The Akropolis of Athens is the steep limestone hill whereupon stand the Parthenon, the Erechtheion, the Propylaea, the Temple of Athena Nike, the modern Akropolis Museum and the ruins of many other monuments.
The Akropolis, as the Greek word means, provided strong defensive walls and a vantage point for the fortress and royal palace that stood there until the 6th century BC, when it became a sanctuary for various deities. The monuments remained todayare the result of a campaign by Pericles to beautify Athens, in order to assure its place as centre of culture.
Climbing the stairway of Akropolis, you come to the Propylea, the original Greek entrance. Its monumental doorways, gold-encrusted marble ceilings and painting gallery are now in ruins.
Parthenon is the most prominent and famous structure, most visited by tourists. Begun in 447 BC and finished nine years later, the Parthenon is the largest Doric temple in Greece, designed by Iktinos in the Pericles era (The Golden Years of Athens, 5th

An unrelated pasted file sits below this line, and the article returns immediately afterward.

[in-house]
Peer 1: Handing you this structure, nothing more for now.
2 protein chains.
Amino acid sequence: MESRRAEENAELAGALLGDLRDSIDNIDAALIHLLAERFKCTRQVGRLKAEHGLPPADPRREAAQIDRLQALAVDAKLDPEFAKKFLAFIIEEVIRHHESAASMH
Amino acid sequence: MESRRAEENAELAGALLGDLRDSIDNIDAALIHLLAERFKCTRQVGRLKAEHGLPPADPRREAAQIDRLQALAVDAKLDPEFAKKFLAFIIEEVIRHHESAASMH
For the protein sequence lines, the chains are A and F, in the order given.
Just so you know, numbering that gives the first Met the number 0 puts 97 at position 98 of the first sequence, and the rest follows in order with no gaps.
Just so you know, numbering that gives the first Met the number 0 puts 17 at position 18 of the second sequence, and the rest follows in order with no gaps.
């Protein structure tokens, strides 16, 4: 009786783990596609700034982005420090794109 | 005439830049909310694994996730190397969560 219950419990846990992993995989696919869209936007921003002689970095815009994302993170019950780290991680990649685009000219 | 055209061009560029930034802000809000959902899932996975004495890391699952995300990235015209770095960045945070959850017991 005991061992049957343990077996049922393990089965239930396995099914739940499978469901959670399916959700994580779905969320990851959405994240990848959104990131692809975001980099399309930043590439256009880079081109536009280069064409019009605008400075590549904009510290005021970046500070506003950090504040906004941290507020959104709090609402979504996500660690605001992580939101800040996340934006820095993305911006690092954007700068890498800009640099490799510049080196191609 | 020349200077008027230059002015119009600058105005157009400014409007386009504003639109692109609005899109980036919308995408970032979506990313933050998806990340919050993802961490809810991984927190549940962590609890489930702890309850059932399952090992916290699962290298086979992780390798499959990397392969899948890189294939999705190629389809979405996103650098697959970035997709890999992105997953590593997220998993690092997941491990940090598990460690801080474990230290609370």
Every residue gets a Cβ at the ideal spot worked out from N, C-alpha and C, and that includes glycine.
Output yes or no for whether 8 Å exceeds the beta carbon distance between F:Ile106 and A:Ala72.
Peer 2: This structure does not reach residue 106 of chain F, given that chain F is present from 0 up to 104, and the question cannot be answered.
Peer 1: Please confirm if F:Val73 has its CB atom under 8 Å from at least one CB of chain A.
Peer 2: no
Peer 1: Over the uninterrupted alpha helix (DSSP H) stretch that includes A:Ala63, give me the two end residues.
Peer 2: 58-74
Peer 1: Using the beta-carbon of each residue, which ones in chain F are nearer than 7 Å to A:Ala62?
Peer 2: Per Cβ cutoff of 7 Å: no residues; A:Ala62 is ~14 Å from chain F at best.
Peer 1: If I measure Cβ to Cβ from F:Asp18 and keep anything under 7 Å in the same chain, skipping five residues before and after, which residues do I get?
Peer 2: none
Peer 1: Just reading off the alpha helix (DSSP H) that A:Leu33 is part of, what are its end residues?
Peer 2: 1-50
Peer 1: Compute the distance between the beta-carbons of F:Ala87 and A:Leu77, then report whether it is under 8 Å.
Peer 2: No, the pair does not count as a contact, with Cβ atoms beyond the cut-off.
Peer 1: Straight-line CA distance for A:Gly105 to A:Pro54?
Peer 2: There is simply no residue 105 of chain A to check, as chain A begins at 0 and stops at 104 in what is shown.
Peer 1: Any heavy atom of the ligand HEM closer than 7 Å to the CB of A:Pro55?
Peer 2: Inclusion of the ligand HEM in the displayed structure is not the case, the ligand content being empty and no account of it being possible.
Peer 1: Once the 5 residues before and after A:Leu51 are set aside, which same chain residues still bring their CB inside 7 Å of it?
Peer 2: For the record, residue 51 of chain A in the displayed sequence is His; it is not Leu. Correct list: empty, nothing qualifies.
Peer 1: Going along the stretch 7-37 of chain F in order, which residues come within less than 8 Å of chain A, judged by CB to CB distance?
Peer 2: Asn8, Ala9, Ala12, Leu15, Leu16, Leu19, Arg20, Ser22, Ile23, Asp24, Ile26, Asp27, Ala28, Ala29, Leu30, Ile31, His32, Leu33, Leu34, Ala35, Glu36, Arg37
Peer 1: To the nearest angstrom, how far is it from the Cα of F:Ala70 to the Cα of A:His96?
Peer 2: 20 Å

century BC). The temple, as originally dedicated to the virgin goddess Athena, once housed a splendid ivory and gold statue of her, carved by Phidias. Conquerors over the centuries used it as a church, a cathedral and even a Turkish mosque.
The Ionic temple was built in 407 BC and housed some of the holiest shrines of ancient Athens. The pediment of the southern portico is supported by the six Caryatids, statues of young women. The present statues are copies; one of the originals in the British Museum, while the remaining five are now in the Akropolis Museum, at the southeast corner of the Akropolis.
The Temple of Athena Nike Just outside the Propylea: the Temple of Athena Nike features some original, although substantially damaged, friezes. It has been restored twice and the interior is closed to the public.